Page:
Vehemence - Forward Without Motion
Battleground Records
Melodic Death Metal
9 songs (56'26")
Release year: 2015
Reviewed by Alex

I wanted this review to appear in the same weekly update as the eponymous French medieval folk black band, with apostrophe in the latter Vehemence applied strategically. Thought it would be cute. Yet it turned out I needed a lot more time to be spent with the American, Arizona to be specific, Vehemence comeback Forward Without Motion.

I suspect I would not be alone in taking a long look at Forward Without Motion if you are impartial to Vehemence. On one hand, when you plot your next album for nine long years there must be a lot of gunpowder stored in that bag waiting to blow out, a lot of energy pent up, and if you want to come into relevance again, an effort after such a long absence must be special. Vehemence certainly tried their best. But then I have to remain objective, and not award points out of pure sentiment.

Vehemence career and approach to melodic death metal has always been non-linear. After a widely acknowledged breakthrough God Was Created, its follow-up Helping the World to See has been reviled for its deathcore tendencies. And after that the band seized to be. Musically speaking, they have always tried to carve out their own way mixing up Swedish melodic death metal with American harsher hardcore. To some it is a blessing, to others abomination, others (Black Dahlia Murder) made a career out of it. Vehemence has never had an easy path, and it does not seem to be starting it with Forward Without Motion. Guitar work which has gone into this album must have indeed required all 9 years it took between two albums. Each, and almost every one, song on Forward Without Motion packs enough riffs in melodies in it for another band to last a whole album. Not to get it all smeared in a blur, a lot of discipline was needed. That self-restraint was partially exercised and helped syncopated and nervy Imagining the Loss progress to a harmonized lead after going through a crazy waltz. Powerful prominent epic melody opens up Murdered by the Earth, the composition which stays interesting through all of its twists. And when you think A Dark Figure in the Distance will be a somber continuation of the end of In the Shadows We Dwell, the song does start softer and semi-acoustic, but then it blows into edgy hardcore, growing ever more assertive.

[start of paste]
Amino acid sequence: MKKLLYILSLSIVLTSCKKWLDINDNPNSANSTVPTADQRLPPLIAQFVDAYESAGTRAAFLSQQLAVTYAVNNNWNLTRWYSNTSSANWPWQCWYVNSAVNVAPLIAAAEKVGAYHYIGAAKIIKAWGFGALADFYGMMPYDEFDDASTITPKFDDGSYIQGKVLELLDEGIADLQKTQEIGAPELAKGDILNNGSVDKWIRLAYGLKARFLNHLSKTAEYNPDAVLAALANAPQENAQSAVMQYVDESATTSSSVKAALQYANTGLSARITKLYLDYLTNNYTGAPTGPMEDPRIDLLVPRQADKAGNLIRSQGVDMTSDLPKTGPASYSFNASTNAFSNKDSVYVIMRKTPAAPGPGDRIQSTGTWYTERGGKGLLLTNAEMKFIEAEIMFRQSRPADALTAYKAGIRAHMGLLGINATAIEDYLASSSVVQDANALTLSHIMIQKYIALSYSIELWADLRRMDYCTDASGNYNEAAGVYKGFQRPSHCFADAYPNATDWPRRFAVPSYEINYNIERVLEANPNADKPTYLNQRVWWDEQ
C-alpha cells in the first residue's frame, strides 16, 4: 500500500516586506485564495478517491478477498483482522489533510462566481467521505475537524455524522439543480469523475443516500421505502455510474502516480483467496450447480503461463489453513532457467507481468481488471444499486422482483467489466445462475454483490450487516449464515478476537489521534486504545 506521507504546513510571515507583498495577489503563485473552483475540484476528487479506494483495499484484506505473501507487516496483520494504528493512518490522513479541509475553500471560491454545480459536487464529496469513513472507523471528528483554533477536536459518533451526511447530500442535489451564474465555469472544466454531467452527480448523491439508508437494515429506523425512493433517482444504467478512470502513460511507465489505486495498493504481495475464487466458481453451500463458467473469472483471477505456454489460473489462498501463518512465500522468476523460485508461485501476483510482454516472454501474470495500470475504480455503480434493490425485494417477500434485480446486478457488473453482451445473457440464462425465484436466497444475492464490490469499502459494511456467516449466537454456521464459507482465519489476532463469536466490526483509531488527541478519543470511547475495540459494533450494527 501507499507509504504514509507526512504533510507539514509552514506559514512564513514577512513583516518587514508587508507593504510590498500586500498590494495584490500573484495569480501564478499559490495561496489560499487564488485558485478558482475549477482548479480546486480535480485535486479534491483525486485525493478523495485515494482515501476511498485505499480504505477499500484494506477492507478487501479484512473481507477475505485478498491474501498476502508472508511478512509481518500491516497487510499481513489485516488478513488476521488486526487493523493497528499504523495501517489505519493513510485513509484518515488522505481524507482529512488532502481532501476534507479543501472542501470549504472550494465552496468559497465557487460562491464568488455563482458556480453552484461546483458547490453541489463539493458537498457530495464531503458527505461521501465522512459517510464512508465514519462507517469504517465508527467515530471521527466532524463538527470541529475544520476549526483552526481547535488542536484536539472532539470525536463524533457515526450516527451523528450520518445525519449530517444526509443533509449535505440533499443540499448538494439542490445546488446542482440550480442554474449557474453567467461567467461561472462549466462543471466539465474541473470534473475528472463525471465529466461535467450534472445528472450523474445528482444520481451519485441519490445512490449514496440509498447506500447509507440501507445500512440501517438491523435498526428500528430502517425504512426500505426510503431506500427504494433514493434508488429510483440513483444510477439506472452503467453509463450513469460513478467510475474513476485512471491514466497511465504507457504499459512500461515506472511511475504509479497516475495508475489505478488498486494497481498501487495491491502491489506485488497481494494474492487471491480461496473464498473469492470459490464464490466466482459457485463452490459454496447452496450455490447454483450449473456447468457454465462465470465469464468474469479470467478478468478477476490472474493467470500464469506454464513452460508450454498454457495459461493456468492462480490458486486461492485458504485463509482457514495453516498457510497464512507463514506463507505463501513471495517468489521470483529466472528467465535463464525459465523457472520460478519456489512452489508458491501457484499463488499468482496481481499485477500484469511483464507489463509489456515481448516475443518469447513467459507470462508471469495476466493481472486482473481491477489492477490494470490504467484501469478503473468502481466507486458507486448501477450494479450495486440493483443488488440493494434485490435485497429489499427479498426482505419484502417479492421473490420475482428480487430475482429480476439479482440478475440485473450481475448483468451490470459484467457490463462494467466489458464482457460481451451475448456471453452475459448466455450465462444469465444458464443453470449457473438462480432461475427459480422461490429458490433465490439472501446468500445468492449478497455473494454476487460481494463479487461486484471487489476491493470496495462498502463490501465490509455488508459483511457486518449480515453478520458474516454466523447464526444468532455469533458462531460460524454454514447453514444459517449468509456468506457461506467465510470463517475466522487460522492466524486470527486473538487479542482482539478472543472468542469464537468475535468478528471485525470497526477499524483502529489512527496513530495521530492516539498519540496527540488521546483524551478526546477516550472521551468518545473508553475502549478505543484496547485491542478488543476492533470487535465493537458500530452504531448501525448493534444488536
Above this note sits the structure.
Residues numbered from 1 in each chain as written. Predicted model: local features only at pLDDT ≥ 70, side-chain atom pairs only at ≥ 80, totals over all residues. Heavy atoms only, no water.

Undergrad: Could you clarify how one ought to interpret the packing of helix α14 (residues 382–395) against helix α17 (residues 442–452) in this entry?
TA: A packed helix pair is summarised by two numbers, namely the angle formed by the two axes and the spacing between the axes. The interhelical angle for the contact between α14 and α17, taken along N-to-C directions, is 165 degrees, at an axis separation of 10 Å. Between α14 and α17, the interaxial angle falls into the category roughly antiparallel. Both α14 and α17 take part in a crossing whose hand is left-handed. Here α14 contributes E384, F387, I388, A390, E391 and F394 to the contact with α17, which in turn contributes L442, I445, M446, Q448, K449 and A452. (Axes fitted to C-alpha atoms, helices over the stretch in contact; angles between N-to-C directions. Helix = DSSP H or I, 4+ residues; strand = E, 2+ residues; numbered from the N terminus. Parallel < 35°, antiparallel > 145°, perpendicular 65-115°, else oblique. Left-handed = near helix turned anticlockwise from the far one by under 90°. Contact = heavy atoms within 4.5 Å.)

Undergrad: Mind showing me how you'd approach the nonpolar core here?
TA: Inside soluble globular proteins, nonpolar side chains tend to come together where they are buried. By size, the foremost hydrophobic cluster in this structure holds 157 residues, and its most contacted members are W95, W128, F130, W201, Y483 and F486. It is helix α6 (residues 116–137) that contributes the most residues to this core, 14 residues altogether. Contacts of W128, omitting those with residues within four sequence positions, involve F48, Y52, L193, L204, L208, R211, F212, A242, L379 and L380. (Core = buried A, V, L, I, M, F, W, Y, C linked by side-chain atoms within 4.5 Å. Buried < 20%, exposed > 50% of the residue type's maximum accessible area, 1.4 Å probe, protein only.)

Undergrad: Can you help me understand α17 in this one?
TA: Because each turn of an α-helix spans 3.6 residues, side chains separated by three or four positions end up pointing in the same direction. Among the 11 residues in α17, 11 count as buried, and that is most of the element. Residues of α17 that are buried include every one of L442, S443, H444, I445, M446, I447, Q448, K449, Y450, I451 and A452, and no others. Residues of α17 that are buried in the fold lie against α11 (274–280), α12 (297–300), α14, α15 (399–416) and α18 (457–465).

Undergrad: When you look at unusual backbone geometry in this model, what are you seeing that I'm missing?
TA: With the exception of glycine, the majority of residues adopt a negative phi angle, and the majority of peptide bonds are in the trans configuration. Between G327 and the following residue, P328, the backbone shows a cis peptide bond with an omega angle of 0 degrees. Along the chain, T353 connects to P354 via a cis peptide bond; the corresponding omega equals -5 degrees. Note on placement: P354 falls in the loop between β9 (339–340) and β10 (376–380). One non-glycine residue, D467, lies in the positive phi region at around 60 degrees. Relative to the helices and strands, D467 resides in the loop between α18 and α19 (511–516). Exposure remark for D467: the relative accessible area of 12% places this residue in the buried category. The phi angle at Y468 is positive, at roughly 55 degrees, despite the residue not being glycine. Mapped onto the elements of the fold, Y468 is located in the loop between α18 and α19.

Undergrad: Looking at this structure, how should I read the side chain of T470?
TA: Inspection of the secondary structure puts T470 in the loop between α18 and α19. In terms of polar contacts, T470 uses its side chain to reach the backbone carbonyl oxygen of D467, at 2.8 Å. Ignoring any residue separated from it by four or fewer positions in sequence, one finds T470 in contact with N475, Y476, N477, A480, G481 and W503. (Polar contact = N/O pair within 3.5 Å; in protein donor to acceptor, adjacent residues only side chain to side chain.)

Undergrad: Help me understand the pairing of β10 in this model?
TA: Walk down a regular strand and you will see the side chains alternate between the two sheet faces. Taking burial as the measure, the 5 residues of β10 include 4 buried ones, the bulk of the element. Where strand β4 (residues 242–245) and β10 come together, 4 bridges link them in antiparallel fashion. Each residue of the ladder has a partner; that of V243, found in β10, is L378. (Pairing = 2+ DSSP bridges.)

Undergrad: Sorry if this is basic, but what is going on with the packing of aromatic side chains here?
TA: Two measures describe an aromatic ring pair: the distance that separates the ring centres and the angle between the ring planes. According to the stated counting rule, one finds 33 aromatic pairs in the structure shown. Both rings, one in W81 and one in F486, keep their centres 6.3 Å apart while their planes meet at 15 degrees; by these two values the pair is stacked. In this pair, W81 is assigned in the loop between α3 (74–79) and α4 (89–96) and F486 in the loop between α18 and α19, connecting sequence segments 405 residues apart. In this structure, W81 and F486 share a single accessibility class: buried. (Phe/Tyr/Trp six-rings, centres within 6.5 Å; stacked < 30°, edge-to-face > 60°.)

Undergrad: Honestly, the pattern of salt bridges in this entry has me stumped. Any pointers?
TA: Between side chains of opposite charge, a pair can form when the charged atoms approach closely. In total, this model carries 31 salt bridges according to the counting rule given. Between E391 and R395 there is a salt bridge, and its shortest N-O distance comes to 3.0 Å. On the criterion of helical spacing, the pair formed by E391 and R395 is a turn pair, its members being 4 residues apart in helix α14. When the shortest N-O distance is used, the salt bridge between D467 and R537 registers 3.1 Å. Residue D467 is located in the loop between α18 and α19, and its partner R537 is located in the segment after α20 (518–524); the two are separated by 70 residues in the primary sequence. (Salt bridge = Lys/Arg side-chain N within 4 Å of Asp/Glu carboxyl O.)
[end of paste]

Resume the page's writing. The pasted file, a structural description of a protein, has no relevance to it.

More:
At times, guilty, I was not able to figure out the path. Dark and weird Jim the Prophet never clicked, closer There Are So Many Reasons to Give up on Religion is just a disorderly pile (although I loved the lyrical message). I do not get the title of She Fucks Like She’s Alive (I do not appreciate the lyrical message and I am no purist), and the best part of that song was its subdued close. But then, not always being able to delve into a song from the start, made for the multiple listening sessions. Vocals is another matter holding Forward Without Motion back. Never been blessed with fantastic growls Nathan Gearhart is still not Bjorn Strid or Mikael Stanne. Much more a hardcore vocalist, he is stuck with having to do melodies. It also seemed that Vehemence made a deliberate decision with their sound and production to come off brutal and savage, from the very beginning of I Don’t Want to Look Inside, while a little more polish would have helped in my modest opinion. This overt intentional roughness actually distracts, especially the glass shattering sound of snare and cymbals, and especially in direct, punch to the gut cuts, like In the Shadows We Dwell and It’s All My Fault. Driving powerful riffs of In the Shadows We Dwell, until the closing acoustic guitars, have enough barbarity in them not to ask for extra electricity in production.

The swimming leads, dual guitar overlays, there is so much musicality in Forward Without Motion, despite the fact I personally was not a 100% fan, I could not deny the obvious quality present here.

Killing Songs :
I Don't Want to Look Inside, Murdered by the Earth, In the Shadows We Dwell, A Dark Figure in the Distance
Alex quoted 82 / 100
Other albums by Vehemence that we have reviewed:
Vehemence - God Was Created reviewed by Kayla and quoted 89 / 100
Vehemence - Helping the World to See reviewed by Alex and quoted 82 / 100
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